Photographic and Digital Media Years 7–10: Advice on Programming and Assessment
2Establishing a Scope and Sequence Plan
When planning teaching, learning and assessment activities it is important to consider how content and key concepts can be introduced and built on within a stage.
The following examples of scope and sequence provide ways in which teachers may consider content and key concepts. The frames are used to position investigations of content and to provide a focus for the investigation of meaning and significance in the field of photographic and digital media.
Students are provided with opportunities to build on the knowledge and understanding of practice, the conceptual framework and the frames established in the Visual Arts mandatory course. They undertake a more specialised investigation of the conventions, strategies and procedures of making photographic and digital works in at least one of the areas of still, interactive and moving forms.
Students may have been introduced to some of the conventions and traditions of practice in photographic and digital media in the Visual Arts mandatory course. In this course, students begin to undertake more sustained and autonomous investigations of particular photographic and digital media conventions, strategies and procedures through a broad or specialised investigation of still, interactive and moving forms, and work towards a portfolio.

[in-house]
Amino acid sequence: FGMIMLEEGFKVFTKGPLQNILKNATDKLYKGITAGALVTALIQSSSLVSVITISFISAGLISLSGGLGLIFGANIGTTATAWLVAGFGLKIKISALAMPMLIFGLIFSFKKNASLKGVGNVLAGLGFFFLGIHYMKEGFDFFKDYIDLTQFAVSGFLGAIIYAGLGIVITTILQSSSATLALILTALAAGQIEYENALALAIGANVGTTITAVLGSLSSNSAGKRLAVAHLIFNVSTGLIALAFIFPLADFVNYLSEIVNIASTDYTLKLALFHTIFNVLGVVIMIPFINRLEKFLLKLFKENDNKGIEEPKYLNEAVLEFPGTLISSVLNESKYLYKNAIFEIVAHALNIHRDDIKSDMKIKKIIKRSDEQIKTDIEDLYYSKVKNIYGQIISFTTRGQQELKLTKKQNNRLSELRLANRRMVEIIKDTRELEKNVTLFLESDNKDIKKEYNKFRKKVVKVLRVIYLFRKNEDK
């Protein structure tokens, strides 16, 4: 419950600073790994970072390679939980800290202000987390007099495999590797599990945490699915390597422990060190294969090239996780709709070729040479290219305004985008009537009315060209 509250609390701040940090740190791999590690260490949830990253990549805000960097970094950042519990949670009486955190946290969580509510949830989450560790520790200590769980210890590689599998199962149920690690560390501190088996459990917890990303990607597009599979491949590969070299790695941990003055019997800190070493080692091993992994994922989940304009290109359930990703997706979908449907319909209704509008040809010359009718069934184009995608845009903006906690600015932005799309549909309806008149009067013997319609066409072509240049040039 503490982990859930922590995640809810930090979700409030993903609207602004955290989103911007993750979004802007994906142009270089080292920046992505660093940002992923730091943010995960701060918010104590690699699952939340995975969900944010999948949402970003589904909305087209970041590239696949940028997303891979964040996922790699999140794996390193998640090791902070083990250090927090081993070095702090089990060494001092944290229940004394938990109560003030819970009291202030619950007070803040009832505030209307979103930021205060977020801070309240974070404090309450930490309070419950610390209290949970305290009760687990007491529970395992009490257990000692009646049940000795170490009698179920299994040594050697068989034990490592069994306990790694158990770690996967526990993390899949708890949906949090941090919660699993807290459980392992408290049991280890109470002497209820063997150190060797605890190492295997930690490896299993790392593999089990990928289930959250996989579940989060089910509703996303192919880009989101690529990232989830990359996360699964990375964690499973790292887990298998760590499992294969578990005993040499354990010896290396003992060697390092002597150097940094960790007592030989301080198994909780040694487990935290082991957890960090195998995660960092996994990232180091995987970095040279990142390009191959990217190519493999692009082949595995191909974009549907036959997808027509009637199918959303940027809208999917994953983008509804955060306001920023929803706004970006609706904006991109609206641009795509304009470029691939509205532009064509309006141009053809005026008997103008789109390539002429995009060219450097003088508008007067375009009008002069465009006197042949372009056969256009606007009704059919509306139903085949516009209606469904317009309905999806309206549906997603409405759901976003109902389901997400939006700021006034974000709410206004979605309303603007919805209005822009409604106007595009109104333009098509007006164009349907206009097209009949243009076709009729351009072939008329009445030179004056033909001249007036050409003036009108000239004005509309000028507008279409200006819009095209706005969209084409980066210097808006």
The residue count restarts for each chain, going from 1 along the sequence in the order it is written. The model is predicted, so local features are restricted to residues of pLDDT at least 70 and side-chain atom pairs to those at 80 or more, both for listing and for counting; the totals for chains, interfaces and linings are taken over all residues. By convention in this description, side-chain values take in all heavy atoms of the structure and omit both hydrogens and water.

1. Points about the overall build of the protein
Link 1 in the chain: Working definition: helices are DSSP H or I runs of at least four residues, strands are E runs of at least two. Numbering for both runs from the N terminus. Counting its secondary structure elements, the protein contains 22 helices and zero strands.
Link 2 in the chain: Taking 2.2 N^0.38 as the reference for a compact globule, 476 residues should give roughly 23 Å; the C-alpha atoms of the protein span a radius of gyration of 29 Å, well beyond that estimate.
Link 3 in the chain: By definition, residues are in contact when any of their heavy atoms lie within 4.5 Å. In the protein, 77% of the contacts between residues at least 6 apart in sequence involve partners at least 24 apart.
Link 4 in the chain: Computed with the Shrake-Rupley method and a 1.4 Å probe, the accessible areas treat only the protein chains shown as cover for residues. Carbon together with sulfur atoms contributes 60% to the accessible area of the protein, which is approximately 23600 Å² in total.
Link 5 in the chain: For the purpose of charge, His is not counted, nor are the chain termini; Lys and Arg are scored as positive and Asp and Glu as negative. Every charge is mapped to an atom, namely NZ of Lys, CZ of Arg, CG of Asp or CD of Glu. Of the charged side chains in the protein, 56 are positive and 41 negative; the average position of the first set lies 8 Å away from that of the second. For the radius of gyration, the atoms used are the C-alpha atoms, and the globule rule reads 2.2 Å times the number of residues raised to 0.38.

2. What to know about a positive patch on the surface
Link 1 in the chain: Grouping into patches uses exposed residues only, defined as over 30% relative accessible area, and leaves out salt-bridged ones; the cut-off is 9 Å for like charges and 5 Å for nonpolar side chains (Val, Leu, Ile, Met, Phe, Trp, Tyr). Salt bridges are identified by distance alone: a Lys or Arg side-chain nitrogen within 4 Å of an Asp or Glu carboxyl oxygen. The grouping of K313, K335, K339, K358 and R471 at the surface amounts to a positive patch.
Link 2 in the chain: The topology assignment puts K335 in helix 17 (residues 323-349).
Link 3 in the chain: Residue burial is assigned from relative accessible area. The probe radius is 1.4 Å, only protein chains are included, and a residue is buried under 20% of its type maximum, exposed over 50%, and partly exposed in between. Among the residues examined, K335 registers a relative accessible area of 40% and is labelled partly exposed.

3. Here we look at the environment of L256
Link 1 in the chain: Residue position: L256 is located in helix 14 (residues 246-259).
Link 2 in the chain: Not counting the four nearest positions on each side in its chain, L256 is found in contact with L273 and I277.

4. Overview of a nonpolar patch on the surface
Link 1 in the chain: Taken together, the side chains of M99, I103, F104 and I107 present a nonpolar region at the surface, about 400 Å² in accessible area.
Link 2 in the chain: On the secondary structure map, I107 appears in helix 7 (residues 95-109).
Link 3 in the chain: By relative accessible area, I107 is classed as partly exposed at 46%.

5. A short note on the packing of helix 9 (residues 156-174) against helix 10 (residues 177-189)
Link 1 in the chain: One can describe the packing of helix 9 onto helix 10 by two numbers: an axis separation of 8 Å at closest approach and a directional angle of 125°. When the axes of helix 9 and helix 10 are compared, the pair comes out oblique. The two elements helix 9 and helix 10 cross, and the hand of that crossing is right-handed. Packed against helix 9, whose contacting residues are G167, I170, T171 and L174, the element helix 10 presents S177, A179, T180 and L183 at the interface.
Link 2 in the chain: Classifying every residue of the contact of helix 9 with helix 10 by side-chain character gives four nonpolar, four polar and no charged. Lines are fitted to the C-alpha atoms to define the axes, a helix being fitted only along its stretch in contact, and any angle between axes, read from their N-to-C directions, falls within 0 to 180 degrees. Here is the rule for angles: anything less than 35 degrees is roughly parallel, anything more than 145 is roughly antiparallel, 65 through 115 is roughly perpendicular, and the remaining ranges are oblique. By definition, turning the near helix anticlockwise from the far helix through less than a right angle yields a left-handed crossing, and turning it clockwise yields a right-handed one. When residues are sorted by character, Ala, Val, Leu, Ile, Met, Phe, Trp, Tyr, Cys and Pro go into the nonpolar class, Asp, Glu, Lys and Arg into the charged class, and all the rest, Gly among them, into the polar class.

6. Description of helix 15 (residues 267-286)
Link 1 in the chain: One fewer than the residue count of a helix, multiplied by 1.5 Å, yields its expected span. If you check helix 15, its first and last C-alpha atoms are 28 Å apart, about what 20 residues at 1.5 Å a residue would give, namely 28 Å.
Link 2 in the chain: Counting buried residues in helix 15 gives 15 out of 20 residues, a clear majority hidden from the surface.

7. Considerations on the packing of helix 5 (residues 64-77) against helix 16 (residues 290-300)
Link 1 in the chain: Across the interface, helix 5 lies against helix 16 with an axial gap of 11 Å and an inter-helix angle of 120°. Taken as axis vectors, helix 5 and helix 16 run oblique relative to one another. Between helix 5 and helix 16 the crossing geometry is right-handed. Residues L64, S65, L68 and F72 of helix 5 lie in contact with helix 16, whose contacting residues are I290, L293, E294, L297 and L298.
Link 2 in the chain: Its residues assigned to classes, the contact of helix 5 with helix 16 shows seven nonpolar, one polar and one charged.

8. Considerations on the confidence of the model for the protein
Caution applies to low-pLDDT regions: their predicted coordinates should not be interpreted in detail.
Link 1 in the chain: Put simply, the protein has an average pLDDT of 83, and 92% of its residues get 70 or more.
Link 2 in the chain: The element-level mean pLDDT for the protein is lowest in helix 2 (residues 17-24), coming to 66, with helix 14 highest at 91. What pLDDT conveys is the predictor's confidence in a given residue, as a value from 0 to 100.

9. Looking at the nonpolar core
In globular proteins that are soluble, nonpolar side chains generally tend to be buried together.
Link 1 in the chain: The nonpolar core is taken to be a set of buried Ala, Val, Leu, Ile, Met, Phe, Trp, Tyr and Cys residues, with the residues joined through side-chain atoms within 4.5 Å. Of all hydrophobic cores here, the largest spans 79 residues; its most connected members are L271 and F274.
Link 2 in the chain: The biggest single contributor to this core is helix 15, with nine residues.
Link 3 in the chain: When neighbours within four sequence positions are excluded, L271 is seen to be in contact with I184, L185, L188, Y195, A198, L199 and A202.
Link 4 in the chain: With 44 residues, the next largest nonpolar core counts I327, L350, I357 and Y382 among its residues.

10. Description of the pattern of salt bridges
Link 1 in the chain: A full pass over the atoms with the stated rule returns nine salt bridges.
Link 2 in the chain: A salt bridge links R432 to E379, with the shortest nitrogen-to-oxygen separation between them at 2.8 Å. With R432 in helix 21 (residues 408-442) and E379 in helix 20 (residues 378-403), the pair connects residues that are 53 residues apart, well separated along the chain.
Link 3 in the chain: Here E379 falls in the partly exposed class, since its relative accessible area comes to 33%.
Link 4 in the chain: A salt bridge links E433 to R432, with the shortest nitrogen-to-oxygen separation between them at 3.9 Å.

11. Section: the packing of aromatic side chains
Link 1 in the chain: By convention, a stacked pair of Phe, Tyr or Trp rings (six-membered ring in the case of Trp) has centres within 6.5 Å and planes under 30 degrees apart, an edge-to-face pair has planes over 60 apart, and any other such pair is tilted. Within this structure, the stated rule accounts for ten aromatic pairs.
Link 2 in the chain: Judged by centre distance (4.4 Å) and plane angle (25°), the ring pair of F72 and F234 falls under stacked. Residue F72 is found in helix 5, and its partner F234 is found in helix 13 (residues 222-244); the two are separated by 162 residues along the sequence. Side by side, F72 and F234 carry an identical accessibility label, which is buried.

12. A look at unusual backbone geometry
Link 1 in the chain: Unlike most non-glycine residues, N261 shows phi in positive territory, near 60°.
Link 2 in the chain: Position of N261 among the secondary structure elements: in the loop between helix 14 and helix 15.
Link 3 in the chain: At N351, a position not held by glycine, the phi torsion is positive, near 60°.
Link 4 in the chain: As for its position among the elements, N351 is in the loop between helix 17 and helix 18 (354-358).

For other students, this Stage 5 course will introduce the traditions and conventions of practice in photographic and digital media through a broad or specialised investigation of still, interactive and moving forms. Students can investigate how practice in the field of photographic and digital media is shaped by values and beliefs about the individual, social structures, the artworld and power. Students begin to make decisions about how to apply aspects of practice to making photographic and digital works to represent their intentions and communicate meanings.
In critical and historical interpretations students are provided with opportunities to investigate how and why artists as photographers, videographers, computer/digital artists, filmmakers and performance artists make photographic and digital works, and how and why historians and critics write about photographic and digital works.
Students learn to construct written interpretations, explanations and judgements about photographers, videographers, computer/digital artists, filmmakers and performance artists and the meaning of photographic and digital works from different points of view.
They investigate what shapes or conditions different artists’ and photographic digital media practices, and learn to explain their significance by referencing different critical and historical accounts.
In making and critical and historical interpretations of photographic and digital works students explore aspects of the conceptual framework to understand the relationships between the artist as photographer, videographer, computer/digital artist, filmmaker and performance artist, artworks, the world and audiences. Across the stage students can explore different